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Rallies protesting Russian invasion of Ukraine held across Japan

People holding the Ukrainian flag protest the Russian invasion of Ukraine in front of JR Shibuya Station in Tokyo's Shibuya Ward on Feb. 26, 2022. (Mainichi/Yuki Miyatake)

Demonstrations against Russia's invasion of Ukraine were staged across Japan on the weekend of Feb. 26 and 27 by people of many nationalities.

    As a yellow and blue Ukrainian flag fluttered in the wind, a rally by the Hachiko dog statue in Tokyo's Shibuya Ward began shortly after noon on Feb. 26. At one point the square where the famed dog statue stands was filled with people, including Japanese people and families.

    Tomo Tanaka, 24, who has been to Ukraine many times and has friends there, held up a printed email message that he'd received from a friend living in Kyiv. The friend wrote in English that they had no choice but to leave the city where their family had been born and raised.

    Russians and Ukrainians raise their voices against the Russian invasion of Ukraine in Tokyo's Shinjuku Ward on Feb. 26, 2022. (Mainichi/Masahiro Ogawa)

    "My friends there say there's nothing left to do but hide. There may not be much we can do in Tokyo, but I want to let people know what's going on there right now," Tanaka said.

    At a rally in front of JR Shinjuku Station in Tokyo, meanwhile, many Ukrainians and Russians participated to criticize Moscow's invasion of Ukraine.

    "I am against the war. Not just me, but all the Russians around me are against the war," said a 19-year-old from Moscow who is studying at a Japanese language school.

    She has friends in Ukraine who are hiding out in subways, and she also knows people in the Ukrainian military. She said, "One friend told me, 'Every morning I wake up and think, I may die today.' I am hoping for peace for Ukraine, and freedom for Russia."

    Hiroshima residents and others gather to protest the Russian invasion of Ukraine in front of the Atomic Bomb Dome in Hiroshima's Naka Ward on Feb. 26, 2022. (Mainichi/Misa Koyama)

    The rally began at 4 p.m., and grew as it went on.

    Also on Feb. 26, emergency rallies were held in Hiroshima and Nagasaki -- the only cities in the world that have been hit by atomic bombs -- with the slogans "Stop the War" and "No Nukes." Among survivors of the 1945 atomic bombings, there has been a strong backlash against Russian President Vladimir Putin for his speech hinting at the use of nuclear weapons.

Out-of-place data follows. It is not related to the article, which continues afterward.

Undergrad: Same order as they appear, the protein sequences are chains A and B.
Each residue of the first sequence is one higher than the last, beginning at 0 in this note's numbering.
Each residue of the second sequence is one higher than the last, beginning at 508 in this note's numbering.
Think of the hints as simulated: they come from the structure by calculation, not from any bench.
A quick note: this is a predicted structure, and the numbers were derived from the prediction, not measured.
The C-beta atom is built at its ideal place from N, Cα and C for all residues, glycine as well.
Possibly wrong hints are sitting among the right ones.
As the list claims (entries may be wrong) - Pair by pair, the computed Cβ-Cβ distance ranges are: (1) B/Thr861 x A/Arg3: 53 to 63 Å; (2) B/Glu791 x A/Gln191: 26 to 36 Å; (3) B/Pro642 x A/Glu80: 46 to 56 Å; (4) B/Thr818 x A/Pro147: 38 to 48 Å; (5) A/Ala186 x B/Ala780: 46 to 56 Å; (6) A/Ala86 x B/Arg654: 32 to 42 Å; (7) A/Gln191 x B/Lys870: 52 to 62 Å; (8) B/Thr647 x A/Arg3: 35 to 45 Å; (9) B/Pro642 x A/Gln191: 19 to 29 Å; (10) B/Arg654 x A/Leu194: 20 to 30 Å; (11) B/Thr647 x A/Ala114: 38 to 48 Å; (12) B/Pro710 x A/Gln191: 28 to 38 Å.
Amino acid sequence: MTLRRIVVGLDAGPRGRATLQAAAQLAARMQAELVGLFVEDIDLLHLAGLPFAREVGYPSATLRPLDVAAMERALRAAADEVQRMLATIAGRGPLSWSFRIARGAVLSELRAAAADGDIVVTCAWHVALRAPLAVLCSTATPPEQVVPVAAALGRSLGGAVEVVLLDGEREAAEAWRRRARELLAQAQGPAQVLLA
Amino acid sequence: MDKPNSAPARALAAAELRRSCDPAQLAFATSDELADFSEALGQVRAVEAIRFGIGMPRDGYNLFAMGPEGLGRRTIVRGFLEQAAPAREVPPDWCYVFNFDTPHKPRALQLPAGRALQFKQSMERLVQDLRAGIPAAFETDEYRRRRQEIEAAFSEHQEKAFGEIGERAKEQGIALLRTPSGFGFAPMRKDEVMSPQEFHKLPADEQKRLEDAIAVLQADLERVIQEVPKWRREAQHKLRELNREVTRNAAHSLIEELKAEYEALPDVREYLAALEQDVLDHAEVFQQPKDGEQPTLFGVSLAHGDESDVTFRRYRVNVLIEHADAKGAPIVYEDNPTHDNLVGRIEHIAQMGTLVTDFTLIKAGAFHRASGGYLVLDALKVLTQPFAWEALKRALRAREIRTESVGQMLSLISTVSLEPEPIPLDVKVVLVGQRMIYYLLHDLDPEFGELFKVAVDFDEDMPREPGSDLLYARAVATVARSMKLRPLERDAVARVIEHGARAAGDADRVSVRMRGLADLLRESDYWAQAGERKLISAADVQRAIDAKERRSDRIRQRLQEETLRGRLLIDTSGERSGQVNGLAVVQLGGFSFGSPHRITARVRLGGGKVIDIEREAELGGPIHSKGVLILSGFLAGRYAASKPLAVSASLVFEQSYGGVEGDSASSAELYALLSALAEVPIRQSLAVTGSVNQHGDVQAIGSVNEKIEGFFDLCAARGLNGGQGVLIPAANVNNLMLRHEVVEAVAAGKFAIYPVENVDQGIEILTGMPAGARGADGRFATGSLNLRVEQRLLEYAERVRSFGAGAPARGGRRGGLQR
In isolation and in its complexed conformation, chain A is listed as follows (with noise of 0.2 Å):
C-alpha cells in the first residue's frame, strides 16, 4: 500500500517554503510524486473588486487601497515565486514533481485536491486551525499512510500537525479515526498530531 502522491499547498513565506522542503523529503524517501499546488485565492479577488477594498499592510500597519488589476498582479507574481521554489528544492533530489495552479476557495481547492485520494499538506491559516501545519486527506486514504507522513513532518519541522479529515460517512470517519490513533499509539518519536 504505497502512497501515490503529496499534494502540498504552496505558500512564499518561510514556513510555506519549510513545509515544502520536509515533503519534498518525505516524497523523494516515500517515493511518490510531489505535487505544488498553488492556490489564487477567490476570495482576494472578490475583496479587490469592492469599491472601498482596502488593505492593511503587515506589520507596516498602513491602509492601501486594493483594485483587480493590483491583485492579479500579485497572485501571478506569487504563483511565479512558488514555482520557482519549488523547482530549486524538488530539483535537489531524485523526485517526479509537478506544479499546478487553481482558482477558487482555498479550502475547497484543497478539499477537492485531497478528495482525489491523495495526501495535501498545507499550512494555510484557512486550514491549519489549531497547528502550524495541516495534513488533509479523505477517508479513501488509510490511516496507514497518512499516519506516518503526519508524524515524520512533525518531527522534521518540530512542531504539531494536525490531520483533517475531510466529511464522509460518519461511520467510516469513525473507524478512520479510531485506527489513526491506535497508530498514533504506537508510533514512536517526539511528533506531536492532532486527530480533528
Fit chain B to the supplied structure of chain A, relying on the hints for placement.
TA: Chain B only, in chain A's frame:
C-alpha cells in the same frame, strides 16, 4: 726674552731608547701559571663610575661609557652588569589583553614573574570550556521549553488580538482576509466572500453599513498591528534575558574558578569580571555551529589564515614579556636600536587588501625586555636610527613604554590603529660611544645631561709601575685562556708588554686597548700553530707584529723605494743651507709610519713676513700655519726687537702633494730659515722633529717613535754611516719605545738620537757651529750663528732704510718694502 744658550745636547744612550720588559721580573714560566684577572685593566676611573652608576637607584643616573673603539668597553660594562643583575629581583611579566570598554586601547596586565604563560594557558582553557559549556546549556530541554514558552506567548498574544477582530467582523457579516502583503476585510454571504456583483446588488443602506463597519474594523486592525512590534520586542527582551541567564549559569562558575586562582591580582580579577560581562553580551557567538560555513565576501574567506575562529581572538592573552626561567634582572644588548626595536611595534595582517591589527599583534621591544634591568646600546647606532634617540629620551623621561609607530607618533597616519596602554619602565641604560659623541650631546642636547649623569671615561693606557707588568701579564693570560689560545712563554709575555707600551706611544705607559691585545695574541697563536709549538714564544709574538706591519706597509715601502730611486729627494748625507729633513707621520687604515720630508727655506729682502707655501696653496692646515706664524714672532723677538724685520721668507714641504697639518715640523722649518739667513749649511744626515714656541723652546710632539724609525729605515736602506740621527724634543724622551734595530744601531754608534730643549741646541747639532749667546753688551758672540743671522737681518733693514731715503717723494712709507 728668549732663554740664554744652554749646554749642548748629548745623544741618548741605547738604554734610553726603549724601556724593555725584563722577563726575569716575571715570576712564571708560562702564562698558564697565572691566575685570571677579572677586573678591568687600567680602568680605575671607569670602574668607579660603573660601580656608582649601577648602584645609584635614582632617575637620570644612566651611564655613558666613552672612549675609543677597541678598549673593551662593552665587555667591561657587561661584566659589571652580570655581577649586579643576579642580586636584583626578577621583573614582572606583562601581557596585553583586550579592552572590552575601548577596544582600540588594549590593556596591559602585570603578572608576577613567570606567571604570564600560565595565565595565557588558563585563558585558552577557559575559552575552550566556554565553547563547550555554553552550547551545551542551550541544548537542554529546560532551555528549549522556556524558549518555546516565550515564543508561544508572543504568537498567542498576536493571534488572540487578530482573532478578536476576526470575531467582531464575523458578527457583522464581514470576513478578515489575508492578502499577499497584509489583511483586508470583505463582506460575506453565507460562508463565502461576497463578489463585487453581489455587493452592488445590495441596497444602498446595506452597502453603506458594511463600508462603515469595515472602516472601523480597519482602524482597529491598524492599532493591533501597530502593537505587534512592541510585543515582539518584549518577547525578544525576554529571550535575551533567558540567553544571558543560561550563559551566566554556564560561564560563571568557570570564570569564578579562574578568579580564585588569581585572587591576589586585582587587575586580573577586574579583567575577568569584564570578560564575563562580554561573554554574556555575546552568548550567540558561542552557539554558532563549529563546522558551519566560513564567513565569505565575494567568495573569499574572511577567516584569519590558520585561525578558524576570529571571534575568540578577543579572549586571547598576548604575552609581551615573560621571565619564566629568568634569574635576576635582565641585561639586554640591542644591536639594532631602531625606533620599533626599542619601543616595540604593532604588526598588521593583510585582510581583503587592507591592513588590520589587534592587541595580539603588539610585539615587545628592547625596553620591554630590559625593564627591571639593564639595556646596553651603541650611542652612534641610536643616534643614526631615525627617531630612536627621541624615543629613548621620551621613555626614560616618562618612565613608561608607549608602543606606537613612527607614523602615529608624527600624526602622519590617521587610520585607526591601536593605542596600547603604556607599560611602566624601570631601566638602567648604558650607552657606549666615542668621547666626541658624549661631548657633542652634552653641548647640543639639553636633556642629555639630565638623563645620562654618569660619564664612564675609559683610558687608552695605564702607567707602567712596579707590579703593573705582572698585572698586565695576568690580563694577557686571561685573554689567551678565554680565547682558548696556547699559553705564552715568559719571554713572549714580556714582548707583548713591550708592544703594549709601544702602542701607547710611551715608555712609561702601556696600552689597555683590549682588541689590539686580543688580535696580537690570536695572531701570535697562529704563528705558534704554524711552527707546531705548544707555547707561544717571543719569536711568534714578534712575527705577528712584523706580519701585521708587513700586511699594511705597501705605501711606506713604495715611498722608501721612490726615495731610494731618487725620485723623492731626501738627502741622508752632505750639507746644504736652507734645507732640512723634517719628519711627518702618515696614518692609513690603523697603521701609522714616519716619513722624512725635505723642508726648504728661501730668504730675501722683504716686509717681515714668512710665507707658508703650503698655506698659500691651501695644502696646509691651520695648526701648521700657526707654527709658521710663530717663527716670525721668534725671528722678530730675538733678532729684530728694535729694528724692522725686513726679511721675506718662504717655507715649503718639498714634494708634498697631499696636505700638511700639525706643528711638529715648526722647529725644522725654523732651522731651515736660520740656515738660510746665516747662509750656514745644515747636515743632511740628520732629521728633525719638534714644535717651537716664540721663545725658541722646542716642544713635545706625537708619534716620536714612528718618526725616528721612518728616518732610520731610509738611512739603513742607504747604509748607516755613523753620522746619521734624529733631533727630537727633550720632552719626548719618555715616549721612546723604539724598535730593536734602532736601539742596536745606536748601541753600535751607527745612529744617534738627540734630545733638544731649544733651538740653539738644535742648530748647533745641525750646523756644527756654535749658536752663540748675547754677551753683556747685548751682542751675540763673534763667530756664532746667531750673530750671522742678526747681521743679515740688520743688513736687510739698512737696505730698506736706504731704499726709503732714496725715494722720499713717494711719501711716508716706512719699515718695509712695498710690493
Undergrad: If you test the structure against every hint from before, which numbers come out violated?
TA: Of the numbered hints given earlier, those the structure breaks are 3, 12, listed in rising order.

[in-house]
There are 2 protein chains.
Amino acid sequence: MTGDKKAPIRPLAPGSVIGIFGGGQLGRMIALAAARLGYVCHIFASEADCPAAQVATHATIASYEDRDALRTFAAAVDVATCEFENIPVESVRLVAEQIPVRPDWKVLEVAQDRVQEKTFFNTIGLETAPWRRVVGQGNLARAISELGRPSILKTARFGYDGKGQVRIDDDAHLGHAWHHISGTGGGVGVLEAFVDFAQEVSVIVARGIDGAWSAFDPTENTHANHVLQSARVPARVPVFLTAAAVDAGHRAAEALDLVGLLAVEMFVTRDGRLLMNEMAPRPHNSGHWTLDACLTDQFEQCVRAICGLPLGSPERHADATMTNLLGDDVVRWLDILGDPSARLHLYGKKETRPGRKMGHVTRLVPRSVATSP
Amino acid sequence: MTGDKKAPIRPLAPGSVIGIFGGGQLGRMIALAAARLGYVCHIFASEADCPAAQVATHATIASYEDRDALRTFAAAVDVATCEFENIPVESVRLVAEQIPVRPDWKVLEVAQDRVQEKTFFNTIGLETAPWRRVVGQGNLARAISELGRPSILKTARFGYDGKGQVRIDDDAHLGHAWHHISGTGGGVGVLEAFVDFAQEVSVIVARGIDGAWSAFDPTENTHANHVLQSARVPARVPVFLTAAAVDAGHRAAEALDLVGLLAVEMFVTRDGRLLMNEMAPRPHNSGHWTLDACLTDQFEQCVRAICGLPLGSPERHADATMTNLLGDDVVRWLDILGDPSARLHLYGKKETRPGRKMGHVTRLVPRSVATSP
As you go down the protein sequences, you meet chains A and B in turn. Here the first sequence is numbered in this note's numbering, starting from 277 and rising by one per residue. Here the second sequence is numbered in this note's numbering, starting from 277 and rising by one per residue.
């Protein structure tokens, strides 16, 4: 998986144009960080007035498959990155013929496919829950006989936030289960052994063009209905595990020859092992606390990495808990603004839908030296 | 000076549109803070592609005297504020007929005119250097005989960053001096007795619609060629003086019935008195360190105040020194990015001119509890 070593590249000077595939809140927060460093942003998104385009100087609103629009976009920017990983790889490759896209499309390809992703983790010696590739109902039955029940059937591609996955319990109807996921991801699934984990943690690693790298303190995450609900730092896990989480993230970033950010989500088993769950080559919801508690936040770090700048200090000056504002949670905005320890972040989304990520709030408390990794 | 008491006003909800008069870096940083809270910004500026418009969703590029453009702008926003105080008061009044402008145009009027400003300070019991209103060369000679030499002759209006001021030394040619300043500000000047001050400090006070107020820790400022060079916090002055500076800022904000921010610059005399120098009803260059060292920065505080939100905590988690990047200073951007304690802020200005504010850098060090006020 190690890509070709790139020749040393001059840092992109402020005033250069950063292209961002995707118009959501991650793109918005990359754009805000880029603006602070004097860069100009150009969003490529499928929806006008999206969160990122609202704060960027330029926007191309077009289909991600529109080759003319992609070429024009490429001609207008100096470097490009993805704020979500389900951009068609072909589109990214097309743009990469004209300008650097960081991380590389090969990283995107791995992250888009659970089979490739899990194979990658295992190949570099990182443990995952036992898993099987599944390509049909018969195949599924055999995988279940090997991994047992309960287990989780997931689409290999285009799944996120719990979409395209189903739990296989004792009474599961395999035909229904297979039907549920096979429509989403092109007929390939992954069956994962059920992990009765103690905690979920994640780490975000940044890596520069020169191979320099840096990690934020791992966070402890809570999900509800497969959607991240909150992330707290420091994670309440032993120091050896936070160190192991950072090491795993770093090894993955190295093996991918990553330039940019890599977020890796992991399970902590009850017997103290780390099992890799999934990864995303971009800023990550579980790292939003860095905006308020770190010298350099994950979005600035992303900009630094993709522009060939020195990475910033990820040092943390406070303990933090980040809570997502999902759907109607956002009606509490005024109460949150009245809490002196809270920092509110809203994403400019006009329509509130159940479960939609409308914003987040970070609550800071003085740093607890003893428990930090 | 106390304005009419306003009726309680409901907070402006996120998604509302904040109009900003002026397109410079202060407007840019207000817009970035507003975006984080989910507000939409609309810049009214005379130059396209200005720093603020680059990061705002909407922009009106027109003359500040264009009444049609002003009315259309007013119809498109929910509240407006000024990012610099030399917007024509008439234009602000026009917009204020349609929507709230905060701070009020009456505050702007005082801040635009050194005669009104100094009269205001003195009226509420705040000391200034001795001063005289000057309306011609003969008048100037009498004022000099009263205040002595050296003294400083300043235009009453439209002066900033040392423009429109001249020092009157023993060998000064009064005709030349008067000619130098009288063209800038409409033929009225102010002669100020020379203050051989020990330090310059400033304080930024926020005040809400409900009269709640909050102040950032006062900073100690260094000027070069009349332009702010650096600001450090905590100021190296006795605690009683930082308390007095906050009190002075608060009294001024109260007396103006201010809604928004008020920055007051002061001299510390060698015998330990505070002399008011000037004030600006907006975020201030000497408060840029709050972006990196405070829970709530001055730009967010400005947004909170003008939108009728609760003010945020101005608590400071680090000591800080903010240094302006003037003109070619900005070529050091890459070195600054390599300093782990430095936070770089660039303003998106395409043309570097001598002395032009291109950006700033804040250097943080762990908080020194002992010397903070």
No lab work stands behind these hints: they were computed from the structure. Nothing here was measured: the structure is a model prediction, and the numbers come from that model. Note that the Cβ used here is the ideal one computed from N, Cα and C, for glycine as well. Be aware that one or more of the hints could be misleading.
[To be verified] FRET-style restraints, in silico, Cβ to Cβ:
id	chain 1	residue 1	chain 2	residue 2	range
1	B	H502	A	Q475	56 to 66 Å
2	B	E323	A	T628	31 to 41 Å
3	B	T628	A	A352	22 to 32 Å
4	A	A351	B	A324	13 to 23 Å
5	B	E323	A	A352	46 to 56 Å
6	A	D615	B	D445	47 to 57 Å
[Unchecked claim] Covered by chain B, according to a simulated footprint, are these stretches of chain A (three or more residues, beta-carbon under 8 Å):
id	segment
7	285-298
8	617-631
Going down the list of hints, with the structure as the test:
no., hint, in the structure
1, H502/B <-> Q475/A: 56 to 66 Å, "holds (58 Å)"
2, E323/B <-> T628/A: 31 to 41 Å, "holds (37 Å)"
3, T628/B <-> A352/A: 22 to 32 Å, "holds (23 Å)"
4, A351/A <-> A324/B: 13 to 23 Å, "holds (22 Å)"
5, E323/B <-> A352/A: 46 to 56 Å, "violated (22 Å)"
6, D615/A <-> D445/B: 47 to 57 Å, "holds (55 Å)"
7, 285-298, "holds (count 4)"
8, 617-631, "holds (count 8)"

"If this develops into a nuclear war, radiation will reach Ukraine's neighbors and the damage will spread. I'm watching the situation, afraid, and on the edge of my seat," said Toshiyuki Mimaki, 79, director-general of the Hiroshima Prefectural Confederation of A-Bomb Sufferers Organizations.

    Some 60 people, including foreign nationals and children, took part in the emergency rally in front of the Atomic Bomb Dome in Hiroshima's Naka Ward. Volunteers from Hiroshima and Nagasaki called on residents in their respective cities to take part. At 11:02 a.m., the time on Aug. 9, 1945 when the atomic bomb was dropped on Nagasaki, participants at rallies in both cities called for Nagasaki to be the last city to be struck by a nuclear weapon.

    Serhii Govorovskyi, left foreground, a Ukrainian national living in the Hokkaido city of Eniwa, calls for a stop to the Russian invasion of Ukraine in front of JR Sapporo Station's South Exit on Feb. 27, 2022. (Mainichi/Kunihiko Misawa)

    Around 50 people gathered at Hypocenter Park in Nagasaki, at the behest of Mitsuhiro Hayashida, 29, a third-generation A-bomb survivor. At the demonstration there, rallygoers released a statement saying: "As human beings from A-bombed places who know the catastrophic damage that atomic arms cause, we strongly protest Russia for wielding the threat of nuclear weapons."

    In Japan's northernmost prefecture of Hokkaido, demonstrations took place in two cities on Feb. 27. Some 200 Japanese nationals and Ukrainians living in Hokkaido gathered by the south exit of JR Sapporo Station after spreading word of the rally through social media, holding up placards that said, "No War" and "Peace for Ukraine."

    At the rally, Serhii Govorovskyi, 47, a Ukrainian national who lives in Eniwa, south of Sapporo, said, "In Kyiv, my friends are defending our country. Right now, all I can do is speak out and pray for their safety. When it comes time to rebuild our country, we will need the help of the Japanese people." A high school student from Sapporo said, "I became keenly aware that invasions destroy people's lives. It's wrong to do nothing. I want to keep speaking out against what's going on."

    A 24-year-old Hokkaido University student held up a placard that said in English that she was Russian, and that she was sorry about the invasion. She told the Mainichi Shimbun that her grandmother was Ukrainian and that she couldn't understand or believe what was going on.

    Around a dozen people gathered in the Hokkaido city of Nemuro to protest the invasion as well. Tadashi Jin, 79, who attended the protest, said, "Nemuro is a region with a territorial dispute over the Northern Territories with Russia. If Russia deals with Ukraine using military force, there will be no solution to the territorial dispute."

    (Japanese original by Haruka Udagawa, Digital News Center; Richi Tanaka, Tokyo City News Department; Misa Koyama and Isami Gari, Hiroshima Bureau; In Tanaka, Nagasaki Bureau; Kunihiko Misawa and Nozomi Gemma, Hokkaido News Center; Hiroaki Homma, Nemuro Bureau)

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